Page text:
Let us paint a scenario. A self-employed brickie repairs a wall at the front of a property they are working on but, a few weeks later, it collapses and injures the owner.
They then sue the brickie for the injuries suffered, a claim that the tradesperson must either defend or pay.
It’s not an everyday occurrence, granted, but such accidents do take place and they are why Public Liability Insurance is a must – although not a legal requirement – for self-employed builders and tradespeople.
And particularly so because of the scale - every day in the UK £8.9m is paid out in liability insurance claims.
Public Liability Insurance is essential for anyone setting up as a sole trader within the building sector against claims made by third parties including home owners, fellow workers and even people walking past a property, when something goes wrong.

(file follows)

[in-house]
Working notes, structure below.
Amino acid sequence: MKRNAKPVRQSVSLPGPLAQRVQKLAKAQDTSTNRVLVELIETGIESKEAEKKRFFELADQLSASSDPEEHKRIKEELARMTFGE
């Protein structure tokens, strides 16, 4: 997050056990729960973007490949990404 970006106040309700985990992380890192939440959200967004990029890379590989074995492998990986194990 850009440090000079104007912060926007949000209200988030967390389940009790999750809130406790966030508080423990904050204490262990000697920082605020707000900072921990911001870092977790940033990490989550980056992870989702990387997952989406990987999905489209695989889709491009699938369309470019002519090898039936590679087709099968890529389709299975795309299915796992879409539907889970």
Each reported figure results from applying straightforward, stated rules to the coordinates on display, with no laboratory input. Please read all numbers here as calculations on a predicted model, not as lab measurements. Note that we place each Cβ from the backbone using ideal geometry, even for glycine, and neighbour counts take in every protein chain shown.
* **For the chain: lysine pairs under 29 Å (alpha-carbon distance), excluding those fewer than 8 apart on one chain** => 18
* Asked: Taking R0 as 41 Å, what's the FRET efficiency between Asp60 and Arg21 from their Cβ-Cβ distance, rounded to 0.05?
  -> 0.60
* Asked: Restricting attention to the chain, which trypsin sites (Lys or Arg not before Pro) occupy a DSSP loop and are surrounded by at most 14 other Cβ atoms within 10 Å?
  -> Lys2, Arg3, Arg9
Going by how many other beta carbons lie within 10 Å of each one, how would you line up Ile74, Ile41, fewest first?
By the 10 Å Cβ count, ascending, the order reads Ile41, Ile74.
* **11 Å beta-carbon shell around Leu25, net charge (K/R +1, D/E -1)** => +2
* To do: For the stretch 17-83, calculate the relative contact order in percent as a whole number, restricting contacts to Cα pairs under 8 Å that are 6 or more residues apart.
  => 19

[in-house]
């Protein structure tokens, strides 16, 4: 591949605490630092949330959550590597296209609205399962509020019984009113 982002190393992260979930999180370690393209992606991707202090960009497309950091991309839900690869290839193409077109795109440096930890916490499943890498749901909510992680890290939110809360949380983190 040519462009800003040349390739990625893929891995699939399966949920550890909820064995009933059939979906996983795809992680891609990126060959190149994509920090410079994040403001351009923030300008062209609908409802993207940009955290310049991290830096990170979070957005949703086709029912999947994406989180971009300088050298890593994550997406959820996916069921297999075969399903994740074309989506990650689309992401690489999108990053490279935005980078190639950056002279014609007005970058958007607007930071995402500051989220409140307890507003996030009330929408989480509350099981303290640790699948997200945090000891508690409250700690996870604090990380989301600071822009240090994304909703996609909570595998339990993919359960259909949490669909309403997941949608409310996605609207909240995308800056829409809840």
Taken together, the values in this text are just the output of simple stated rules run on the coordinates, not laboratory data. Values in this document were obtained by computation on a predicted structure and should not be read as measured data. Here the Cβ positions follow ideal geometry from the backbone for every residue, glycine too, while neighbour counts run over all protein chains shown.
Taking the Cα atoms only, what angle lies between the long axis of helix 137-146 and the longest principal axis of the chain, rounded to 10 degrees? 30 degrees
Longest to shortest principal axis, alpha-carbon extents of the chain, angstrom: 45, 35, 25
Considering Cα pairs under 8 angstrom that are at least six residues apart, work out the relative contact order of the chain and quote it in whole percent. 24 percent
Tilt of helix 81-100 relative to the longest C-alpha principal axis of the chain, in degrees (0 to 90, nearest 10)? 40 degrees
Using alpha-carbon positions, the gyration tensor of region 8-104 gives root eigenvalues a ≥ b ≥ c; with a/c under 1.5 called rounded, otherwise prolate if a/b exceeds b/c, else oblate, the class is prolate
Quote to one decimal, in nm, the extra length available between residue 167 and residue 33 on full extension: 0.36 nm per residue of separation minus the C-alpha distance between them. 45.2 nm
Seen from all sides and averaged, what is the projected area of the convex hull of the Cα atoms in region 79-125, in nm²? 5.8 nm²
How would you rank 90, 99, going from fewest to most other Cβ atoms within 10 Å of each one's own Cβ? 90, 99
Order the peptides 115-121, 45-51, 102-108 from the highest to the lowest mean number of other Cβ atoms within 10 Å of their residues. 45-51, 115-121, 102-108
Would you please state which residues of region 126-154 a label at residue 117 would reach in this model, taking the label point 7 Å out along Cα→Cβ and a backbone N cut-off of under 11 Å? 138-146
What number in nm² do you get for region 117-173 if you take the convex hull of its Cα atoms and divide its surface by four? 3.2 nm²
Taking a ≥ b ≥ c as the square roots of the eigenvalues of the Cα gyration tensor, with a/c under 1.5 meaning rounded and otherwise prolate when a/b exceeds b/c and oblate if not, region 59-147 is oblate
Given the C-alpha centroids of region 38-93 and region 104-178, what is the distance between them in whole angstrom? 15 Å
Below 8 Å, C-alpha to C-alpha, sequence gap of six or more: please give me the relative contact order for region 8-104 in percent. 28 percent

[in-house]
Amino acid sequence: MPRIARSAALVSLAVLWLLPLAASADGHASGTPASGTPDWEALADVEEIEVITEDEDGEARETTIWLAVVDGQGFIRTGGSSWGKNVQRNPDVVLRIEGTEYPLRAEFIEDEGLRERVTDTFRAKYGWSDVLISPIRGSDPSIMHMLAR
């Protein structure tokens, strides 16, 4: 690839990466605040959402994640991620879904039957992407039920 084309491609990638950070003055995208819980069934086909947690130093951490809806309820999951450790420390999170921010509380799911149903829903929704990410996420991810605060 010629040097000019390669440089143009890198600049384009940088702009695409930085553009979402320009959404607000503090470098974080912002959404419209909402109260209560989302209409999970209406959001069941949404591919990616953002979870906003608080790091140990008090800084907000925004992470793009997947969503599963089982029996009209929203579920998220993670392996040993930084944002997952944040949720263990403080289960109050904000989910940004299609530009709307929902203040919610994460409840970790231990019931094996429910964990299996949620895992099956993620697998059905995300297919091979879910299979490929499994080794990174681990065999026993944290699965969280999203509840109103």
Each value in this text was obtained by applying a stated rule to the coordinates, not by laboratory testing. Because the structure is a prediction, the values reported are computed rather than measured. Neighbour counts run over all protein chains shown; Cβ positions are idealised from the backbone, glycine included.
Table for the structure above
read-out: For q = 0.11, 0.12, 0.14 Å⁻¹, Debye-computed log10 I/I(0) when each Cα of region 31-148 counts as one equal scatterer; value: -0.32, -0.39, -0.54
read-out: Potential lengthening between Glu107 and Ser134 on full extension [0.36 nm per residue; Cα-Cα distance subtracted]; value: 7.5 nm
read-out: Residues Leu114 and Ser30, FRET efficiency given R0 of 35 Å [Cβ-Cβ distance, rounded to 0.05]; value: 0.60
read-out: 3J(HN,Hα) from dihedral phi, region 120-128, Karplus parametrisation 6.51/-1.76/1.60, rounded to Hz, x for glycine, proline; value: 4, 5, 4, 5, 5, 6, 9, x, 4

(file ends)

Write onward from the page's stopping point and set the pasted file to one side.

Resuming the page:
Compensation claims – by a third party who is injured and says it is a builder or tradesperson’s fault (whether it takes place at the builder’s premises, the site or somewhere else). It also includes claims against damage to a property.
Legal and medical costs – whether if a builder decides to defend a compensation claim or not, there will be legal expenses to pay. Also, if someone is taken to hospital following an injury, the NHS can claim the cost of treating the injured person.
Repair costs – for example, if a builder damages a client’s property by scuffing their interior paintwork and they make a claim to have the walls repainted.
You’ll need to decide how much cover the insurance offers – the most common are between £1 million and £5 million although the minimum level required these days is considered to be £2 million.
Yes – protective clothing is a legitimate expense.
Yes. It’s treated as an allowable expensive by HMRC when a builder or their accountant completes an annual self-assessment tax return.
For more information on small business insurance, check out our article on the main types of business insurance for small business?